Sinkholes

In 2013, a sinkhole 200 feet across and 90 feet deep appeared in Wallace County in western Kansas. Some people speculated that excessive pumping of water from the Ogallala aquifer may have contributed to the collapse, but the KGS determined that natural dissolution of underground halite (commonly known as rock salt) was the more likely cause. Under this theory, groundwater seeped through fractures in layers of Cretaceous chalk and slowly dissolved the 200-foot-thick bed of halite 2,000 feet beneath the surface, eventually creating a substantial void. When the rock above could no longer sustain the weight, everything from the surface down suddenly collapsed.

In other parts of the state where more is known about the subsurface, most notably around Hutchinson where salt has been mined for decades, catastrophic sinks have been more definitively linked to the dissolution of underground salt, gypsum, or other evaporites.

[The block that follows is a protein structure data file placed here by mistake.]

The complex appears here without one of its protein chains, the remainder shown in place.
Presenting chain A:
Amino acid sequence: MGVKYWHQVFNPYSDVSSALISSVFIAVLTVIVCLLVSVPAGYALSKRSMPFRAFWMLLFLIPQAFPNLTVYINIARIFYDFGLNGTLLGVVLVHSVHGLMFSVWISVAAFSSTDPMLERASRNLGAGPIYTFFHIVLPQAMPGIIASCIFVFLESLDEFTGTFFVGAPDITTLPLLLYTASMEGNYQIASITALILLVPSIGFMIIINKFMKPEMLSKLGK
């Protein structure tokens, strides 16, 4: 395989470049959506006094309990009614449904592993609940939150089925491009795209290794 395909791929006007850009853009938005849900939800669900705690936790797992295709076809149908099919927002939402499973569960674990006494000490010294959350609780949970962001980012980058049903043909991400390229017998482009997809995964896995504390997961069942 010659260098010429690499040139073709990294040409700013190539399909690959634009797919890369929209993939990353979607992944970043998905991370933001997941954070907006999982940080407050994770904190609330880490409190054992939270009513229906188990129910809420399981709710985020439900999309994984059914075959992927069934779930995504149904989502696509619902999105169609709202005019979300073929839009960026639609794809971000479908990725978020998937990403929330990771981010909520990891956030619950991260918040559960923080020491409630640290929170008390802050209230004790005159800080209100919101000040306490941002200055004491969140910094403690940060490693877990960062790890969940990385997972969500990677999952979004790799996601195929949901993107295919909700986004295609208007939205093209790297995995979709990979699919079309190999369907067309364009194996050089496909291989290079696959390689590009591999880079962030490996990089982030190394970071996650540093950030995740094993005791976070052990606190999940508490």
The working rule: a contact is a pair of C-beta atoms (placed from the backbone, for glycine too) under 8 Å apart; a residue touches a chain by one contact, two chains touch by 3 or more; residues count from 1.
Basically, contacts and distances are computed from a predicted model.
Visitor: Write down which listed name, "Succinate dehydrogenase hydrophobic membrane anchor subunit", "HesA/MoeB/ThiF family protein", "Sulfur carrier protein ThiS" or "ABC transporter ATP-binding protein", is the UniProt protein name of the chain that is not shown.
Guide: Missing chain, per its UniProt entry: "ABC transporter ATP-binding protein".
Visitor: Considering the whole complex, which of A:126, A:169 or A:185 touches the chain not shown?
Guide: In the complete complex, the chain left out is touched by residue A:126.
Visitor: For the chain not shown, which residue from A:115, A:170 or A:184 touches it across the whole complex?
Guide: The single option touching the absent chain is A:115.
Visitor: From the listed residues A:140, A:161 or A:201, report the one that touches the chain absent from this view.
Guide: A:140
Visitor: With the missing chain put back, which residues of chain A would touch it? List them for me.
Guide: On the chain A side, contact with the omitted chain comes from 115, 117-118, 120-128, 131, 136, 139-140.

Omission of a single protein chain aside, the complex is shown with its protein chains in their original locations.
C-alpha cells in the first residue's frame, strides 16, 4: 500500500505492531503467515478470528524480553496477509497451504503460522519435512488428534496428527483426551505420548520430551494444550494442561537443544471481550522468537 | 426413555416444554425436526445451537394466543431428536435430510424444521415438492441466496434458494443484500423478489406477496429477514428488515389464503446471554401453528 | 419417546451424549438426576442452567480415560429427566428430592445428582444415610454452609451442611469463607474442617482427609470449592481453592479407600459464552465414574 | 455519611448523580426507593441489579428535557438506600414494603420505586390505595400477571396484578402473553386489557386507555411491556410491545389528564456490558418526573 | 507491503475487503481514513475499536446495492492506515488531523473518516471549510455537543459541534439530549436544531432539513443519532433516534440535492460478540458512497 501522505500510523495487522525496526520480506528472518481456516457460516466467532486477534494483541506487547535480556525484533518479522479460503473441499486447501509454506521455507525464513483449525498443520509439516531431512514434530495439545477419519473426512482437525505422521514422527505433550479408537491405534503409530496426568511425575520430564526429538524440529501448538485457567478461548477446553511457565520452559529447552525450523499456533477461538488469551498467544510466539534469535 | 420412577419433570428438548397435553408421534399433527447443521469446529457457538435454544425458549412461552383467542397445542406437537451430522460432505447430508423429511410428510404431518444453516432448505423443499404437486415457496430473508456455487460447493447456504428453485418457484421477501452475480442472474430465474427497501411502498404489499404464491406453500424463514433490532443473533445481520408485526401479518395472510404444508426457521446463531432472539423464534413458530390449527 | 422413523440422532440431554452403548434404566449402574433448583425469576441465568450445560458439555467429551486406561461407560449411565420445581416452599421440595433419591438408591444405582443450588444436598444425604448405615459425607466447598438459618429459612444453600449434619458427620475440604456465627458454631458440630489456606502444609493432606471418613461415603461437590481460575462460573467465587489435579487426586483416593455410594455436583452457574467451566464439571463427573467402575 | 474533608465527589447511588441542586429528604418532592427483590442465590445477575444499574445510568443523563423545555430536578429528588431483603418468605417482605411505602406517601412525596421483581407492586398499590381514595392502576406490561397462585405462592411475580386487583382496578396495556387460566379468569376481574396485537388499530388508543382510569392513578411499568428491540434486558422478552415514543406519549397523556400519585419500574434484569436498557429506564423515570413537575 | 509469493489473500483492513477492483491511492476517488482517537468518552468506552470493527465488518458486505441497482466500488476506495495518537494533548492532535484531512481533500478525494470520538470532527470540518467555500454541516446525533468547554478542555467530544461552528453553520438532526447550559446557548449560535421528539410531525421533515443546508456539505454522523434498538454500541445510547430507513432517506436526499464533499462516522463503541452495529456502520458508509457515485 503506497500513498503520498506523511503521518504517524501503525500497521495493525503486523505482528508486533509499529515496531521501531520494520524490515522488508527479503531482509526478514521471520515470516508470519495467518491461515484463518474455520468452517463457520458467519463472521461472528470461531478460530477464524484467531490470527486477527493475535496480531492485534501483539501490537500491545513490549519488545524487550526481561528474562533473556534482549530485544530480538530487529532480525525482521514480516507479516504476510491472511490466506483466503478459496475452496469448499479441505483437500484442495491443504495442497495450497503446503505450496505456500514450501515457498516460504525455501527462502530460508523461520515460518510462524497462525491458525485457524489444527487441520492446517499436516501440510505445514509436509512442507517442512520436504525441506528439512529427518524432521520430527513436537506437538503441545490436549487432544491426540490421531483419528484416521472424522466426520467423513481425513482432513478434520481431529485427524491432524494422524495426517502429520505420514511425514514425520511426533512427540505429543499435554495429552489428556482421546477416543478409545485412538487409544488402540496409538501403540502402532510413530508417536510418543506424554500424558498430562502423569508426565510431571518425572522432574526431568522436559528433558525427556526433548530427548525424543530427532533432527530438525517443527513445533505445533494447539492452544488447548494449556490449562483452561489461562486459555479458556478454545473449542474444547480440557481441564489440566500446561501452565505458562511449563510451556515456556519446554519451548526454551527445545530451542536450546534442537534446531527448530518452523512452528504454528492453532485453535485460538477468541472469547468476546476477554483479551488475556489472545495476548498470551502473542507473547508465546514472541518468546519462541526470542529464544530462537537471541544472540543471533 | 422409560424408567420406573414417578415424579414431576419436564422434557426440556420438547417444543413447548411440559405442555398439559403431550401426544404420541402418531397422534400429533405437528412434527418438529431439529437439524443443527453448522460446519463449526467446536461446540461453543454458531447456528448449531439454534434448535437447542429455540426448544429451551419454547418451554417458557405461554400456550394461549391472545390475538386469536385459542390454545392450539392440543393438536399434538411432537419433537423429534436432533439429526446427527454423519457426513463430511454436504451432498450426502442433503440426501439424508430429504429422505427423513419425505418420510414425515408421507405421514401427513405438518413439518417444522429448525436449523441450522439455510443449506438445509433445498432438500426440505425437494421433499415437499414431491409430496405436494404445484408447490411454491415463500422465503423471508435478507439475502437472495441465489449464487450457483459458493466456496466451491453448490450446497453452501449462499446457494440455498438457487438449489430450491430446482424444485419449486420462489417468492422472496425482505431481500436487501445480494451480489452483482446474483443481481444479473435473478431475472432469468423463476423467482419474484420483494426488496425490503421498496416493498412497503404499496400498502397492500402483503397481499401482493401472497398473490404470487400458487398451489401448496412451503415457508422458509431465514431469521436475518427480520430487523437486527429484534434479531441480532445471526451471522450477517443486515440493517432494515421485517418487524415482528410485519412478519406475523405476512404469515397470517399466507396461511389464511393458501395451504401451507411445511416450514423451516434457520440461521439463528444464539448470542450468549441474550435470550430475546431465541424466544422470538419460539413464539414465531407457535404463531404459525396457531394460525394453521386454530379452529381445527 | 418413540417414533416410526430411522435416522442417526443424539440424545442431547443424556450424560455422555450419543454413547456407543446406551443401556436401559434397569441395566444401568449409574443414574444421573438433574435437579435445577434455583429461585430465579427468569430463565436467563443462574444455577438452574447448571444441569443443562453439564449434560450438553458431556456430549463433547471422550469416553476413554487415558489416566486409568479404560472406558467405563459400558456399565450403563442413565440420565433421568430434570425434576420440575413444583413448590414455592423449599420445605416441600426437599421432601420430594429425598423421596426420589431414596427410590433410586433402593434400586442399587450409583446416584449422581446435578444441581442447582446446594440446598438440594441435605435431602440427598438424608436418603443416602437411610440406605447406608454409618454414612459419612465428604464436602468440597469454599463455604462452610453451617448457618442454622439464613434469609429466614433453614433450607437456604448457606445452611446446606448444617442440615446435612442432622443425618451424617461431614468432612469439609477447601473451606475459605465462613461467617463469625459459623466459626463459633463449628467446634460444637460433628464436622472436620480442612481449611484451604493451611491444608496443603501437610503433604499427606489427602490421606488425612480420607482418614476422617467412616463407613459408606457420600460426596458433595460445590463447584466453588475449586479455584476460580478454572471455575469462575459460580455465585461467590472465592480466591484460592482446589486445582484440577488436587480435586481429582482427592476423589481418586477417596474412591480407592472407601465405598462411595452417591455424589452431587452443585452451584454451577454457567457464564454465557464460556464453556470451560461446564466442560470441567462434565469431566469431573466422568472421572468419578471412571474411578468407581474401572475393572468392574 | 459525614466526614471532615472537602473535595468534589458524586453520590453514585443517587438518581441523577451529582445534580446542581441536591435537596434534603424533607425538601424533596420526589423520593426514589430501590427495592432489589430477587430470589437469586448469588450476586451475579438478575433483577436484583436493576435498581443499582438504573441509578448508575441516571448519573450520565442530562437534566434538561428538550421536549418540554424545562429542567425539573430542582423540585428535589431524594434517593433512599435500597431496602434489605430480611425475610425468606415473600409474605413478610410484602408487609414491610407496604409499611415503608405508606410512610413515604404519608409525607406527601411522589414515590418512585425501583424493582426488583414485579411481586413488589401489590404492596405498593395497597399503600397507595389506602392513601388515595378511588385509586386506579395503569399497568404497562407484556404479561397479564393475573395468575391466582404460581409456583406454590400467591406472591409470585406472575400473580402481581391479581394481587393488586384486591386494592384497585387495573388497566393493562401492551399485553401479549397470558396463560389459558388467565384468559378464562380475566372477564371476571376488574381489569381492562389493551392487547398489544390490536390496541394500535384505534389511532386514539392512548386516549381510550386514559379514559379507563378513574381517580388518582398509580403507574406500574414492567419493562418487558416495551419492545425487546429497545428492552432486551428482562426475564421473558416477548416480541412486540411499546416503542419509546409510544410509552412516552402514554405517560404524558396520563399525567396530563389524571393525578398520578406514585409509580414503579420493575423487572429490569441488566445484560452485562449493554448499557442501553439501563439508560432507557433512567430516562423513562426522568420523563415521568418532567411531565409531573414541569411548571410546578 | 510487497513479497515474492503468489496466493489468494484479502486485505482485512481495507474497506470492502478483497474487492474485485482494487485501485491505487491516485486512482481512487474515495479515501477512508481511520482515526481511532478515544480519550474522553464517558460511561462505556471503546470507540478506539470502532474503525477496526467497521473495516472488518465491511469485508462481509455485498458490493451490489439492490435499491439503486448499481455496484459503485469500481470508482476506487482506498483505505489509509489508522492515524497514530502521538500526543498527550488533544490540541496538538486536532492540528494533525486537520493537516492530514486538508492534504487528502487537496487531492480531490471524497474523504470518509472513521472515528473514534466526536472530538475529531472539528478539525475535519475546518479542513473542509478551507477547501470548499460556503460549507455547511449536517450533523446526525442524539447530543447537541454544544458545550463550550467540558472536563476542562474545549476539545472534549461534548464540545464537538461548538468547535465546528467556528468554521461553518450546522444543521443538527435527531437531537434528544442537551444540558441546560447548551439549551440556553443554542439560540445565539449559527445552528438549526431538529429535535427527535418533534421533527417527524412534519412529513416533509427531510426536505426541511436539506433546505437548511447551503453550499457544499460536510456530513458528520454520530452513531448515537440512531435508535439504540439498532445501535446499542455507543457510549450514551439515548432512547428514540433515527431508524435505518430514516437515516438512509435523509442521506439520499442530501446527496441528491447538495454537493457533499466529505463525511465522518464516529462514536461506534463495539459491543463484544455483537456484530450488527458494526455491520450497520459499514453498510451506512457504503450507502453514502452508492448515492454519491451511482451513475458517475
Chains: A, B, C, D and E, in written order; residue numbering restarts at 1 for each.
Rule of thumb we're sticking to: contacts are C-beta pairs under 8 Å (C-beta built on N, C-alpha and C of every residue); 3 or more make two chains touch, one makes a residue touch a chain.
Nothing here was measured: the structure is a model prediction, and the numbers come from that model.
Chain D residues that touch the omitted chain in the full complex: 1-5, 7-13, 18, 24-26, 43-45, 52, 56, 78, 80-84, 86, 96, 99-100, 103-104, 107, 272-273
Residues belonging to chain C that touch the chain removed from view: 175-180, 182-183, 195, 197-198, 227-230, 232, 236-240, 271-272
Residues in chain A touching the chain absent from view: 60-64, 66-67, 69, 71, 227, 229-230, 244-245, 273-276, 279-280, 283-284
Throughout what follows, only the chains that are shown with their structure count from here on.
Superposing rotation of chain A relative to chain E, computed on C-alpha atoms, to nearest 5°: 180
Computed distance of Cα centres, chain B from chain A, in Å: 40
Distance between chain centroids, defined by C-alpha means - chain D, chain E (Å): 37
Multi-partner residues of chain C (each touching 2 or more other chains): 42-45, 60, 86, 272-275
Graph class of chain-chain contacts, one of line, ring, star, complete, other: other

The Wallace County sinkhole is not unique. Several historical collapses, including the Old Maid sinkhole, have been documented in Wallace County alone, and sinkholes have been reported in at least a quarter of the 105 Kansas counties.

Resources

Land Subsidence in Central Kansas Related to Salt Dissolution: Kansas Geological Survey Bulletin 214.

Surface Sinkholes and Other Solution Features (Appendix D, Bulletin 162)— description of individual sinkholes in the state